Speaking to Scotland on Sunday, Scottish and Newcastle's boss Jeremy Blood (who has been with them since 1988) said about the takeover by Heineken " S&N had become a deeply unpopular company among mainstream beer drinkers. In a sense Heineken has changed all that. There is some truth to say that British plcs chasing the next six months' results are forced into taking shorter-term decisions. We lost some of our reverence for beer, we cut corners. It (the takeover] has reinvigorated our passion for beer. We used to call them manufacturing sites. Now we call them breweries or cider mills. It's a small change, but it is significant."
Don't worry though, Heineken have sorted it all out already. Interestingly, "premiumisation" is the answer. In other words we are drinking less, so charge more for it. Oh and serve it in smaller measures. Blood also wants to move away from beer being sold like beans in supermarkets by "decommoditising" it over the next ten years. He also thinks lager might be better served in different draught sizes and smaller, more elaborate glasses with a large head, as our tendency to drink pints does not allow for much difference in price between lower and higher end products. It would have been good if he'd mentioned such things as quality, individuality and taste, but I suppose that would be too much to ask.
While it is nice that S&N are thinking like brewers again, it is a pity they didn't think more like brewers when they actually were .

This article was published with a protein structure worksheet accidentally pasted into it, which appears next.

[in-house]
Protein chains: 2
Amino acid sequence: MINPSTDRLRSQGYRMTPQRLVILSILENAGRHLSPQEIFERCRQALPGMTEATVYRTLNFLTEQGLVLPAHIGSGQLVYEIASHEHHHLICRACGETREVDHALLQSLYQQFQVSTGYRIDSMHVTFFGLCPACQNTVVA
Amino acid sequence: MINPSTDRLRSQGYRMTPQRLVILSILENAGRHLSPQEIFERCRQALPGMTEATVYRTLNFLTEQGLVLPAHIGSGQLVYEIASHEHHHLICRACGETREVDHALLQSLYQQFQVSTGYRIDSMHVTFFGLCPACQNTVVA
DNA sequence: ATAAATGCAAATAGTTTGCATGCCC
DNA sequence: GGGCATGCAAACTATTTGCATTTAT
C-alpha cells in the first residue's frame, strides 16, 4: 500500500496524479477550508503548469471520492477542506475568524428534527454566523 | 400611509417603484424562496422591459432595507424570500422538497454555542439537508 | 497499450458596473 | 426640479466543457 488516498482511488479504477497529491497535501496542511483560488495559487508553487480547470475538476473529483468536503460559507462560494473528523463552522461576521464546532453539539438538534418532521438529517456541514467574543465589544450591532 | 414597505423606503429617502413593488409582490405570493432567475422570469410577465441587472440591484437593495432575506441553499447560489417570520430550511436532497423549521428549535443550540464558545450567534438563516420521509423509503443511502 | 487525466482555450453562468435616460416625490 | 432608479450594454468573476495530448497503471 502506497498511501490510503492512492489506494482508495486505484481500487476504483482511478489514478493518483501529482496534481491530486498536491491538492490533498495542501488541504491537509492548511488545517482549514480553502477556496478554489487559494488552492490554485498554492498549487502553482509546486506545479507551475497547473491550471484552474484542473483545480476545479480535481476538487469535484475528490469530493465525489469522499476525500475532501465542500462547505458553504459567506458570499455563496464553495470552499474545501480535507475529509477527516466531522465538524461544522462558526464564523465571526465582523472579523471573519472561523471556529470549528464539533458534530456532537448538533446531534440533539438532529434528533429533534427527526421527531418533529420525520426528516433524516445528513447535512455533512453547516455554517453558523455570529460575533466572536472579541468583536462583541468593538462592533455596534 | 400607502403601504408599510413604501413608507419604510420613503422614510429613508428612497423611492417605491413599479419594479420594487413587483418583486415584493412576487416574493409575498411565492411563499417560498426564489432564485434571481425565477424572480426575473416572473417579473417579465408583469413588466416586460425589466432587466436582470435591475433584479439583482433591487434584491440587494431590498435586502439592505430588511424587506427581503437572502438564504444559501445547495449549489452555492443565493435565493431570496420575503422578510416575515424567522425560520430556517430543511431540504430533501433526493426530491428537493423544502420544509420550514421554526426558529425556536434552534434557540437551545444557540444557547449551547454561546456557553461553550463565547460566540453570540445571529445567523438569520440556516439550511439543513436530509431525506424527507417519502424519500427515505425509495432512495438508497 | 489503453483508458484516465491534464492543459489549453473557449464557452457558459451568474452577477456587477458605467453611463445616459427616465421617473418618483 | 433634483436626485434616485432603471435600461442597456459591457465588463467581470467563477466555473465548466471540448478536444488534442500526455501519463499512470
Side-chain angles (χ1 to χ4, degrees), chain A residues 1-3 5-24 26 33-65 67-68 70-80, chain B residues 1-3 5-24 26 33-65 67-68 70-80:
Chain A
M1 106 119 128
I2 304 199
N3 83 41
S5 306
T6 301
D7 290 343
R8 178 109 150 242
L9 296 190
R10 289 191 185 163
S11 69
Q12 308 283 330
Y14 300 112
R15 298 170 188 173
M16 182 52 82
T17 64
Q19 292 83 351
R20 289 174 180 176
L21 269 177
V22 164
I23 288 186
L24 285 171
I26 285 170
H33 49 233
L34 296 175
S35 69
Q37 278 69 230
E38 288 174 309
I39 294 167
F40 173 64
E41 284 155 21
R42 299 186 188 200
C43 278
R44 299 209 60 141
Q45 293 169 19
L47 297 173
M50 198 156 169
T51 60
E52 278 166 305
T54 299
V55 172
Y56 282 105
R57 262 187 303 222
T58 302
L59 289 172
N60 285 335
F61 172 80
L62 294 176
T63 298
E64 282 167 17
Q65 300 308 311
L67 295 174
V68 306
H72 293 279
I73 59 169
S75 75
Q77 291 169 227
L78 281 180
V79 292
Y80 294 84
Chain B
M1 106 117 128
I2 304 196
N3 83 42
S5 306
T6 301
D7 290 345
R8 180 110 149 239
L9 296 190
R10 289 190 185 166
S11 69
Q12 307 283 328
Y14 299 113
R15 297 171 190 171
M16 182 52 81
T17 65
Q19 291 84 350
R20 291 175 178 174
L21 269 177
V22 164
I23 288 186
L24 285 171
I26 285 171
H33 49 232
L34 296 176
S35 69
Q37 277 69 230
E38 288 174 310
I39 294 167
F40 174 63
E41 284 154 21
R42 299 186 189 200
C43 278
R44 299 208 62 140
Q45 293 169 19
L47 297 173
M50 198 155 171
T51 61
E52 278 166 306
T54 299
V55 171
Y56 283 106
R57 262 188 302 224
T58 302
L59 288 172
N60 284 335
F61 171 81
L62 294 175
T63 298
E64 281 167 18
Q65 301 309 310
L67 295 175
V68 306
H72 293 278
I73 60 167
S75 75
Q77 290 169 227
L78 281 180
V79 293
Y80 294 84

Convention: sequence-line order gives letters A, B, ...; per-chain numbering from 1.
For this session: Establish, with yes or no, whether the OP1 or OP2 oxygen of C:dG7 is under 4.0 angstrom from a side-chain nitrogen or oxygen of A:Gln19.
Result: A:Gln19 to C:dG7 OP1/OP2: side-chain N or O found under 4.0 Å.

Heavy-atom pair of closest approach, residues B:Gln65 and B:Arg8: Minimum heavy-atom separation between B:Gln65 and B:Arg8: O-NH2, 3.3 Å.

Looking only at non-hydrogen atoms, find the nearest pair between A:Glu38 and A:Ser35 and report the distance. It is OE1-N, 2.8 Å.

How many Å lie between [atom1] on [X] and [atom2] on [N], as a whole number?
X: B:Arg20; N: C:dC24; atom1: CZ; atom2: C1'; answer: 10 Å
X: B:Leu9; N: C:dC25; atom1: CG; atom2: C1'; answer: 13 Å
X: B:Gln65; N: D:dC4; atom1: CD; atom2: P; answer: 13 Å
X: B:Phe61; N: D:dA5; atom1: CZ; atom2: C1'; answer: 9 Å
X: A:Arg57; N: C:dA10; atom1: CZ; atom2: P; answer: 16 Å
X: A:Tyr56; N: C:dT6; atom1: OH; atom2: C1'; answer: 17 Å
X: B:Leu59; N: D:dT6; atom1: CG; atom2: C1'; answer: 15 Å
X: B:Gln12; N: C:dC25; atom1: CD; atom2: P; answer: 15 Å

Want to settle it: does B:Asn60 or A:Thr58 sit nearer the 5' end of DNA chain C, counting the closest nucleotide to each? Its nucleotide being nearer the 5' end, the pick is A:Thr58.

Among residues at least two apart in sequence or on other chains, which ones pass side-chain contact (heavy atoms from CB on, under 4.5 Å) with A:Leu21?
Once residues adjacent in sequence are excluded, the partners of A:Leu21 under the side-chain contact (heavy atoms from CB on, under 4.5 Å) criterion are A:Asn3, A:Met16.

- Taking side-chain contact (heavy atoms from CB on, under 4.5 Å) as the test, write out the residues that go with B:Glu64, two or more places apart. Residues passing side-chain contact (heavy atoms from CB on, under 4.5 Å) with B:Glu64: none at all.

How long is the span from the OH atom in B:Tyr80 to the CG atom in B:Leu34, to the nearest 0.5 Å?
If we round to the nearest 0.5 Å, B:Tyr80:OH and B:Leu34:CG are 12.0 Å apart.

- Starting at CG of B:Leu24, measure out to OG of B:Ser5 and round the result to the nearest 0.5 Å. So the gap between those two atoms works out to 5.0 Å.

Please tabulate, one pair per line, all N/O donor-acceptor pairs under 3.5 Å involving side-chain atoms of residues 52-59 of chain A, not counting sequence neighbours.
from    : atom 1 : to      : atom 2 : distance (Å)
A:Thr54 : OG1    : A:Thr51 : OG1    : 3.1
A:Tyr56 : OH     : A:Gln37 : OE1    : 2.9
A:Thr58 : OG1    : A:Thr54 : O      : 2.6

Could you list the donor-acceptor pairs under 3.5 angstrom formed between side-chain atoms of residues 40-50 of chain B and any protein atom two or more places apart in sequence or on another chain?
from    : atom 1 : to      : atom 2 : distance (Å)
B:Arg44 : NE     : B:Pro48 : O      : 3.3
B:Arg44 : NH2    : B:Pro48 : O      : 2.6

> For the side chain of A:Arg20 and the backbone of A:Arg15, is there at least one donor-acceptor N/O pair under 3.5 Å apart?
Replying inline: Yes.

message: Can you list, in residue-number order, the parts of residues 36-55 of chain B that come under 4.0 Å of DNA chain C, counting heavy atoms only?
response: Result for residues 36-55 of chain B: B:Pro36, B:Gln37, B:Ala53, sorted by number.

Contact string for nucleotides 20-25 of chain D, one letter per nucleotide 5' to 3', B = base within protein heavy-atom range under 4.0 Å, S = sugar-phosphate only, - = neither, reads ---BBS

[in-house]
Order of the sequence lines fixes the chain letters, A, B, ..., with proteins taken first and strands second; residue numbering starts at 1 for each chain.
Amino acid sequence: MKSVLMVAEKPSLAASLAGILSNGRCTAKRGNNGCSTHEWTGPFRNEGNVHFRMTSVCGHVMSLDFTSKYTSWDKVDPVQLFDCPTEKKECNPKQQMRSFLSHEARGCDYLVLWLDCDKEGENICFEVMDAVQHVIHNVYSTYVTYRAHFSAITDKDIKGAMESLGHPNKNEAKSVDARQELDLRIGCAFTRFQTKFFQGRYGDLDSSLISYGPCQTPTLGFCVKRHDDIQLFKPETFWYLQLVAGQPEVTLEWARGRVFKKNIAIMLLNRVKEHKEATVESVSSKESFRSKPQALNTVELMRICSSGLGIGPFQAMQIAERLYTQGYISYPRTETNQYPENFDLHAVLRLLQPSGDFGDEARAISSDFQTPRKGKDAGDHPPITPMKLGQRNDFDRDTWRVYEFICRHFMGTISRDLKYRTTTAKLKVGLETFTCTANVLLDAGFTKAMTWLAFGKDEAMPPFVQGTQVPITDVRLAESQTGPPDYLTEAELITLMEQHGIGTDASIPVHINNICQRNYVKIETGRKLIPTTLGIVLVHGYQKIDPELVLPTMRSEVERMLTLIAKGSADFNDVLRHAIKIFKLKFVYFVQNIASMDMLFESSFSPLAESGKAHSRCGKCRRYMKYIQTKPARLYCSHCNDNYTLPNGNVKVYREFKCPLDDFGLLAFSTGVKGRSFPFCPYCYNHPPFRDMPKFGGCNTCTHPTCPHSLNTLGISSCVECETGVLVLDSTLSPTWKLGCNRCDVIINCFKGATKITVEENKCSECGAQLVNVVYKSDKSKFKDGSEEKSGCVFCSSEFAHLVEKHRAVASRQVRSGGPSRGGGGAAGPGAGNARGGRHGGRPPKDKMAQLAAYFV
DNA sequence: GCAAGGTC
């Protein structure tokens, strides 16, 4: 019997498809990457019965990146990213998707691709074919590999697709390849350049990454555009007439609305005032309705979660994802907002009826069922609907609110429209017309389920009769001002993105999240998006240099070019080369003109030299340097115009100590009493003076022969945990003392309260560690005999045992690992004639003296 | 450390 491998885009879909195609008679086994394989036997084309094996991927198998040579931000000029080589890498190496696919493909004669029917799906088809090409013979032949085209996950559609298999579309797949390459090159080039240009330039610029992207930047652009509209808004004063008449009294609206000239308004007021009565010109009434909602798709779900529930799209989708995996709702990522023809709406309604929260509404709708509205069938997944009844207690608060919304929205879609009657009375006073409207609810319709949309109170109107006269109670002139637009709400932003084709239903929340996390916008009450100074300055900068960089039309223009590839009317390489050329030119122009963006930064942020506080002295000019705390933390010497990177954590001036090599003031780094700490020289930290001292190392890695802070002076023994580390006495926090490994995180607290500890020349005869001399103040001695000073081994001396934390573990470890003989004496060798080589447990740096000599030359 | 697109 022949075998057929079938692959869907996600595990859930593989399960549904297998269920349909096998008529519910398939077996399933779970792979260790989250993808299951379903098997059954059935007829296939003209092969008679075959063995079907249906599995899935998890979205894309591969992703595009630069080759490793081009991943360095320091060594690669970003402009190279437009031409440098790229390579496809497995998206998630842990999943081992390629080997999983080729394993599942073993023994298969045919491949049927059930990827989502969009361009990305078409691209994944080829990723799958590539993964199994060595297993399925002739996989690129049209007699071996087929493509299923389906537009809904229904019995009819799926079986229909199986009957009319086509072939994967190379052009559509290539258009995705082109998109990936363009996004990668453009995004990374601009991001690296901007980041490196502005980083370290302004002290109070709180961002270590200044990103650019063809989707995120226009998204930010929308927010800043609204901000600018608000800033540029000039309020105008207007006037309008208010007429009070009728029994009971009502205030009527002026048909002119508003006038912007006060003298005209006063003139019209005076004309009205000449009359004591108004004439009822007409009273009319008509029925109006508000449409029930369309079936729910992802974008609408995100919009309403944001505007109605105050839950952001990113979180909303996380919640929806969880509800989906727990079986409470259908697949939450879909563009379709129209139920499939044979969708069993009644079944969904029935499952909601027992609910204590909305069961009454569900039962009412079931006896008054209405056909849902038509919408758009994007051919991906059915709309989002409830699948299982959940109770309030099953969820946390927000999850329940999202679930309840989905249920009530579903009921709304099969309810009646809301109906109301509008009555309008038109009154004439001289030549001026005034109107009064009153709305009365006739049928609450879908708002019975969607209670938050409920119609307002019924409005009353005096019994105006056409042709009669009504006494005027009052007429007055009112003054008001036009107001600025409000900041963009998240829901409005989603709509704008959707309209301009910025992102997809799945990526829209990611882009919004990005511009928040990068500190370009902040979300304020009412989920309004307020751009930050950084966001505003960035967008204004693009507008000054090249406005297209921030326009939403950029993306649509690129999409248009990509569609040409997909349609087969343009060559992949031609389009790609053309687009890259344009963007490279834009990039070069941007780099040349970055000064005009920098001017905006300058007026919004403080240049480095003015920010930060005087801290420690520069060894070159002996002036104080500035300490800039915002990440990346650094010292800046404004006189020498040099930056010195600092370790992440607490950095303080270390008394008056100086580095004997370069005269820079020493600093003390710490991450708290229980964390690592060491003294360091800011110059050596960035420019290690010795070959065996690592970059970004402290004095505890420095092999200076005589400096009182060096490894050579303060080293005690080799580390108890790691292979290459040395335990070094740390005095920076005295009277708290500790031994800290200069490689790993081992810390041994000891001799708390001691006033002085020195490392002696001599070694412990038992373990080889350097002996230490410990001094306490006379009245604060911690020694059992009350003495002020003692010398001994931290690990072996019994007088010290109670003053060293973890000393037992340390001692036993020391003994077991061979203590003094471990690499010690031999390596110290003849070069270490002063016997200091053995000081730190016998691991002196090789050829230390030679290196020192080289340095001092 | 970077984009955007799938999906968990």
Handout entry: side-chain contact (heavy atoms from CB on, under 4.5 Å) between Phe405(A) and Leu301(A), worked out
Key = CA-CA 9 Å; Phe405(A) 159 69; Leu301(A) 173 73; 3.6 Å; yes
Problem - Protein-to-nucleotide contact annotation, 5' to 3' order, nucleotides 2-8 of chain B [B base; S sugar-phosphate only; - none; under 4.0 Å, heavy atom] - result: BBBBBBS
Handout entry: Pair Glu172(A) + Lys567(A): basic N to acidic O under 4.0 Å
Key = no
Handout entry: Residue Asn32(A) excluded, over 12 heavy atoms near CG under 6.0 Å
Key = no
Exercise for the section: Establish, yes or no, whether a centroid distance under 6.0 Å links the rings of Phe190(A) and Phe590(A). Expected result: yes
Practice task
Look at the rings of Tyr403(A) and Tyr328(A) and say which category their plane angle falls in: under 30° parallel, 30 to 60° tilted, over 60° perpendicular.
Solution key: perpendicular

A bit of a CV. Tandleman is a veteran beer lover, local CAMRA Chairman and activist, beer writer, beer reviewer and pursuer of all things good in beer. He lives in the North West of England and London. Despite his CAMRA membership, he does not limit himself to cask conditioned beer, though he believes that cask conditioning, when done correctly and appropriately, brings a quality to beer that is hard to equal by any other kind of presentation. He is a strong supporter of Northern methods of beer dispense and avidly detests poorly presented beer and dislikes pasteurisation. He regularly visits Germany, has conducted corporate British and German beer tastings for CAMRA at the Great British Beer Festival where he has worked for years on Biere Sans Frontieres and was Deputy Organiser at CAMRA's very successful National Winter Ales Festival in 2009, 2010, 2011 and 2012 and at the Manchester Beer and Cider Festival from 2013 to date. He admires good brewers wherever they are and has travelled extensively in pursuit of good beer to drink. He also judges beer at both the International Beer Challenge and the World Beer Awards.
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